Weaker Than Expected Payrolls

By Arkadiusz Sieroń – Re-Blogged From Gold Eagle

The U.S. created 145,000 jobs in December, following an increase of 256,000 in November (after a downward revision), as the chart below shows. The nonfarm payrolls came below expectations, as the analysts forecasted 165,000 new jobs. The gains were widespread, but with a leading role of retail trade (+41,200), leisure and hospitality (+40,000), and education and health services (+36,000). Manufacturing again cut jobs (-12,000), which means that industrial recession has not ended. Mining and transportation and warehousing also dismissed workers.

Chart 1: U.S. nonfarm payrolls (green bars, left axis, change in thousands of persons) and the unemployment rate (red line, right axis, %) from January 2015 to December 2019.

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Tariffs Are Having A Bigger Effect On US Manufacturing Than Initially Thought

By Frank Holmes – Re-Blogged From Gold Eagle

The U.S. manufacturing sector contracted for the fifth straight month in December, with the monthly reading from the Institute for Supply Management (ISM) hitting its weakest point in more than 10 years. The purchasing manager’s index (PMI) fell to 47.2, a level we haven’t seen since June 2009, as global trade tensions continued to take a toll on the country’s manufacturers.

The news comes as two new papers indicate that U.S. tariffs on imported goods, particularly those originating in China, have had more of an impact on manufacturing and industrial output than initially believed.

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Manufacturing Goes Deeper Into Recession

By Arkadiusz Sieroń – Re-Blogged From Gold Eagle

The ISM Manufacturing Index fell 0.2 point to a reading of 48.1 in November. However, gold struggles to find momentum. What is going on exactly?

U.S. Manufacturing Sector Slumps Further

The Institute for Supply Management announced that its index of national factory activity dropped from 48.3 in October to 48.1 last month. The number was below expectations and it also remained below the 50 threshold, indicating contraction – shrinking for the fourth straight month. In other words, the manufacturing sector is still in recession.

We all know that. But what about the future and the broad economy? Well, situation looks better here, as the ISM index remains above the 42.9 level, which is associated with a recession in the broader economy. And the recent improvement in China’s PMIs prompt some to say that the ISM is bouncing along the bottom. Moreover, the strike at General Motors is over, while Boeing hopes to resume deliveries of its 737 MAX.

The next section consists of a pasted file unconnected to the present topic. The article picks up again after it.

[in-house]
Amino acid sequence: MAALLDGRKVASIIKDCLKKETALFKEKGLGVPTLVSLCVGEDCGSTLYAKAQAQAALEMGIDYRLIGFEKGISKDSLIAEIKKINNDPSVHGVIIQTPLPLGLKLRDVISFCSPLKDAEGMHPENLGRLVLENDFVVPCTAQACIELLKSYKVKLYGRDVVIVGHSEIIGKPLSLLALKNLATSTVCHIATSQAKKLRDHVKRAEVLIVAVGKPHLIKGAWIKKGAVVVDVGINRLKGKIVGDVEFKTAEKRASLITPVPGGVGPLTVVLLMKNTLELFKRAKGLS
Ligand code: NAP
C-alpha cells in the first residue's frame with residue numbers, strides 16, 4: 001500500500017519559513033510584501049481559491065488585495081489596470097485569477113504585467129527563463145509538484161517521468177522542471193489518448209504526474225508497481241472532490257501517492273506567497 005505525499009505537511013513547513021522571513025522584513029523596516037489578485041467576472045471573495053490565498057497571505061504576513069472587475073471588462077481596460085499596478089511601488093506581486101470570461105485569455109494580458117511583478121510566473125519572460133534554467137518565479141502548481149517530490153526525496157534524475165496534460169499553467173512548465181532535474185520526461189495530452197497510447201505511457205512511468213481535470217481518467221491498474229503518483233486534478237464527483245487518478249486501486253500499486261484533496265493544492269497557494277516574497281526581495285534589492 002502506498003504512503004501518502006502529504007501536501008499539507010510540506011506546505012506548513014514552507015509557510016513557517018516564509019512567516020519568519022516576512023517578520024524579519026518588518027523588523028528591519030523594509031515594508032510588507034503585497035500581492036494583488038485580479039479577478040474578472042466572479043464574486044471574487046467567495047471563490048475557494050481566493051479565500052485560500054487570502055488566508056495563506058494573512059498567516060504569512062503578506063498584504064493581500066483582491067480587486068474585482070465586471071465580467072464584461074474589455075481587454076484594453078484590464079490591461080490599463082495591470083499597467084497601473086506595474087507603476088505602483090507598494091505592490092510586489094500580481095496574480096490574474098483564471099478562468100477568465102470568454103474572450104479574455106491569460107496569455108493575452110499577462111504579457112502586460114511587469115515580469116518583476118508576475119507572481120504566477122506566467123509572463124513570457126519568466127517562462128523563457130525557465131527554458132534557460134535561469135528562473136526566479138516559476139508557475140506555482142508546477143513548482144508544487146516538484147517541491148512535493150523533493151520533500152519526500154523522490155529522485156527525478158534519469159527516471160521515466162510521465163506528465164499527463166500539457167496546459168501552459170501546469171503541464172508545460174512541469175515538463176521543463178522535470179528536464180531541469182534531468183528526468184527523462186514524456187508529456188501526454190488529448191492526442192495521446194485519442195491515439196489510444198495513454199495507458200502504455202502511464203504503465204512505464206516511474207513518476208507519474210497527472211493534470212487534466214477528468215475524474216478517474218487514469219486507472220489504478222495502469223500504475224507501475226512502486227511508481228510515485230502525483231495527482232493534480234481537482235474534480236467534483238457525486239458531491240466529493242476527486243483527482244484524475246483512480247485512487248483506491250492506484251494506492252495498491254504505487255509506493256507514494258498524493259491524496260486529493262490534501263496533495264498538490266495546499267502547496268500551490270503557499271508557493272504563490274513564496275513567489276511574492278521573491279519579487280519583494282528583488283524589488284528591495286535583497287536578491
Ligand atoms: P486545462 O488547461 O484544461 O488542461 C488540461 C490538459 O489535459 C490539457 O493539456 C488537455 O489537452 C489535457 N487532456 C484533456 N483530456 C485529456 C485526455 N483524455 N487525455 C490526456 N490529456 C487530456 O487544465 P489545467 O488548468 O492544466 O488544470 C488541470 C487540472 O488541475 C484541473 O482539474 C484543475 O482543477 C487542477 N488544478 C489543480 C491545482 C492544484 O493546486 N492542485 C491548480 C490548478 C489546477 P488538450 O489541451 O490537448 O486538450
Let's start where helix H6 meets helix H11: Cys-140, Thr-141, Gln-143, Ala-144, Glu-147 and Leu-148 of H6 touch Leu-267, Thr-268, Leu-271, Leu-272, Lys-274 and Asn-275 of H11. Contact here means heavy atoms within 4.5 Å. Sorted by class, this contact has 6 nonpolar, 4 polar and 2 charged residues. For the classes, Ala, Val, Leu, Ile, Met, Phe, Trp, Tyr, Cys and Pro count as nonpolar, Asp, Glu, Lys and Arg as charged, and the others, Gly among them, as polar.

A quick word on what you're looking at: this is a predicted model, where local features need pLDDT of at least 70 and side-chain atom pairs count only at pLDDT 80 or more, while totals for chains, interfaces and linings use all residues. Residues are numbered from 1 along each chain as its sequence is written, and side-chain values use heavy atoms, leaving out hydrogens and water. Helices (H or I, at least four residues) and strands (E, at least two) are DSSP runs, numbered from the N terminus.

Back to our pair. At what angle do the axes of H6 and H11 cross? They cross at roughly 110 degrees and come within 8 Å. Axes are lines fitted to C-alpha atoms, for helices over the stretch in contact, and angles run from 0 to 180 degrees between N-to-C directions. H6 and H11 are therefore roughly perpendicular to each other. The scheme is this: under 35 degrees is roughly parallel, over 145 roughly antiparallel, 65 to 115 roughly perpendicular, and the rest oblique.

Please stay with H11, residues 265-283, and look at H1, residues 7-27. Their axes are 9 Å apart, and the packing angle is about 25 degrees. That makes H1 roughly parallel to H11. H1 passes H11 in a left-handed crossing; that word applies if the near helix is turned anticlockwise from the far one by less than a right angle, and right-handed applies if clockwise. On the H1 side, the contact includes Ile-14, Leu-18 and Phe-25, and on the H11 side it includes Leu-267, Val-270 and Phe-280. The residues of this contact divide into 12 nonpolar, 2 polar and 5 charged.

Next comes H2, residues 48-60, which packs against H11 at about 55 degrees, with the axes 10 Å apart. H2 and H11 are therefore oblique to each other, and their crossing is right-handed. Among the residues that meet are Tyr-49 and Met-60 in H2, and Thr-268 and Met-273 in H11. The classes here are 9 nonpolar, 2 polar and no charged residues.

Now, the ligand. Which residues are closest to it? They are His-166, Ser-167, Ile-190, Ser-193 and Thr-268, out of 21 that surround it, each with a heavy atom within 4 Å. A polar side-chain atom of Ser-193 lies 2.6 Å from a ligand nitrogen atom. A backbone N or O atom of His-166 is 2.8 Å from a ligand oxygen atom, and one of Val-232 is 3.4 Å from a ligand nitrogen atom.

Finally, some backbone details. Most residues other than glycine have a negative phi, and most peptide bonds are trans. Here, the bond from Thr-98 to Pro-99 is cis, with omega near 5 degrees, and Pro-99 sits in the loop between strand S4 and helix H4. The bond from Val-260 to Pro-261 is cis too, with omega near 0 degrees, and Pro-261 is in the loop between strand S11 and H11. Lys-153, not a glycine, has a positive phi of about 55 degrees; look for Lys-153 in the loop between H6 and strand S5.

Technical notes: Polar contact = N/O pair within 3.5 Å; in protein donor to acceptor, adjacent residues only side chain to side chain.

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Party On Wall Street!

By Rick Ackerman – Re-Blogged From Silver Phoenix

What are we to make of Wall Street’s exuberance on Friday over news concerning a U.S. economic expansion that refuses to die? Employers are hiring, consumers are spending and business is humming despite a dramatic economic slowdown in Asia, Europe, South America and elsewhere. Perhaps America really is an economic island, one blessed with unstinting support from a central bank that has finally succeeded in taming the business cycle?  If you are too young to remember the last three or four recessions, you might actually believe that things are different this time.

Wall Street Journal columnist David Harrison evidently does. Judging from his picture, Harrison appears to be no older than 30, so we can perhaps forgive him for suggesting, to borrow Prof. Irving Fisher’s immortal declaration, that economic equilibrium appears to have reached a permanently high plateau.

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Downside Price Rotation Dominates After Manufacturing Data

By Chris Vermeulen – Re-Blogged From Gold Eagle

Our research team has been all over this longer-term Pennant/Flag setup and the potential for the breakdown in the US/Global markets.  The US manufacturing data released today confirmed what we believed would be the outcome of the extended trade issues between the US and China – a moderate slowdown in US manufacturing.  Couple that with a US Fed that is attempting to navigate very difficult economic developments, consumers headed into the Christmas season unsure of what lies ahead, the US political environment (almost complete chaos) and uncertainties with foreign markets and we have a perfect setup for “investor malaise”.

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Is The American Machine Tool Industry Well?

By Albert Albrecht – Re-Blogged From https://www.mmsonline.com

If you can believe the economist, it is on its way to recovery. Machine tool shipments and imports have turned around since the 2009 recession low, and in recent months have steadily improved. After a dismal 2009 and poor start in 2010, quarterly shipments have started to increase, evidence that the industry has started to recover. This is encouraging, if it were not for the fact quarterly shipments fell to record lows and 2009 and 2010. It is like getting a few drops of wine to an empty wine glass—the glass is still less than half full.

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Unemployment Rate Drops Below 4 Percent for First Time Since 2000

[Not included in the 4% number are the 6 million or so Americans who have dropped out of the labor force since the last Recession, as alluded to near the end of the article. – Bob]

By Thomson/Reuters – Re-Blogged From Newsmax

U.S. job growth increased less than expected in April and the unemployment rate dropped to near a 17-1/2-year low of 3.9 percent as some jobless Americans left the labor force.

The Labor Department’s closely watched employment report on Friday also showed wages barely rising last month, which could ease concerns that inflation pressures were rapidly building up, likely keeping the Federal Reserve on a gradual path of monetary policy tightening. Continue reading